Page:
The Main Festival, something classical (I think), the Jazz Festival (if you have to ask you won’t understand), the Film Festival (I saw the European premier of The Kiss of the Spiderwoman and it was SO exciting – the organiser walked onto the stage with a hot reel of film under his arm and said; “Phew, this just arrived at the airport from the editing suite in Brazil, I didn’t think it would be here on time!” He loaded it onto the projectors and the lights dimmed) and the Fringe Festival – the biggest (where we were).
In fact the accommodation was unnecessary – there was no time to sleep - and at the time, maybe still, Henderson’s was THE best vegetarian restaurant ANYWHERE.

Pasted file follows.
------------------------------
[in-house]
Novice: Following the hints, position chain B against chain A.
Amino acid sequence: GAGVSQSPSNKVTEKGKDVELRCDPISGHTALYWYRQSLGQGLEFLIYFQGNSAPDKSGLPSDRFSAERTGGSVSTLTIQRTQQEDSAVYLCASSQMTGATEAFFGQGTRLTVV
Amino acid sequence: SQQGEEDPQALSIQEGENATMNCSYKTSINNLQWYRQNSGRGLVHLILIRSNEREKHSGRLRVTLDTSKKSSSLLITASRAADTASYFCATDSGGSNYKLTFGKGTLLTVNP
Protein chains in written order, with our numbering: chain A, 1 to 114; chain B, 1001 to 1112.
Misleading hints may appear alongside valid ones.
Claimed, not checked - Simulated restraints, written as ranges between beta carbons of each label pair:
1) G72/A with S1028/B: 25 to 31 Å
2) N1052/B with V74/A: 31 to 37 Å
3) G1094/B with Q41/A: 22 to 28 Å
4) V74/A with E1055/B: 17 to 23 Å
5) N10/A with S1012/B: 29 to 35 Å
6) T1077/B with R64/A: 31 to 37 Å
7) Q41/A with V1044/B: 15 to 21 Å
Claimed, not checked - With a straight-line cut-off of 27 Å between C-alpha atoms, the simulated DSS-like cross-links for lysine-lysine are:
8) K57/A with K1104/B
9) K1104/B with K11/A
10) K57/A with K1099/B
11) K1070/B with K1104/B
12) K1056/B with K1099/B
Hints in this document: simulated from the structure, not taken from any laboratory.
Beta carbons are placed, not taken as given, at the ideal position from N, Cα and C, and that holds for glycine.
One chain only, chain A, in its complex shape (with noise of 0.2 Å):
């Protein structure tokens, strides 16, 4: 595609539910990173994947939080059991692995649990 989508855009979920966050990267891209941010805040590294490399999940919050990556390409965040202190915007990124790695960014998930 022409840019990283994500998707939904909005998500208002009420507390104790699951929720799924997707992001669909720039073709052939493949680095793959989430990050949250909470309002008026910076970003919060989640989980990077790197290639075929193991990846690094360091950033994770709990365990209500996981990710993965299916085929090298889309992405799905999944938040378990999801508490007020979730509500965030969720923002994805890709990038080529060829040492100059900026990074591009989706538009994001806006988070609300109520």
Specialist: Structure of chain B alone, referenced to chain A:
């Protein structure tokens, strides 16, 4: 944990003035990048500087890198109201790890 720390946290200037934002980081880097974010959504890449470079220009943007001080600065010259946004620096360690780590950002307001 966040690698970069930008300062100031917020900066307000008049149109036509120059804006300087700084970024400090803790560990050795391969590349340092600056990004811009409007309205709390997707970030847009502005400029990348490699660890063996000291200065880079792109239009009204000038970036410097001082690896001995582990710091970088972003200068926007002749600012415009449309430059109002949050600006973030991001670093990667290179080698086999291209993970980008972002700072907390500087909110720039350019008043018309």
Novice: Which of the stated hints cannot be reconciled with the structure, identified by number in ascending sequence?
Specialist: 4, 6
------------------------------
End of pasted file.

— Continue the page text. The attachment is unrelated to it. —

When we arrived at the Hole in the Ground we were disappointed. It was hidden away, relatively far from the main action and……….a hole in the ground. There seemed no way that punters would find the place or want to stay if they did.
The organiser showed us to the bar tent, helped us notice the tiny stage and pointed out the single spot light. We looked around at the empty plastic chairs and the grey gravel floor. We looked at each other.
“Only seven days.”
Then we were left alone with our thoughts, worries and, bizarrely, two silver serving trays to collect money.
That night we returned, changed into costume in a dingy toilet and walked into the first of three planned shows that evening.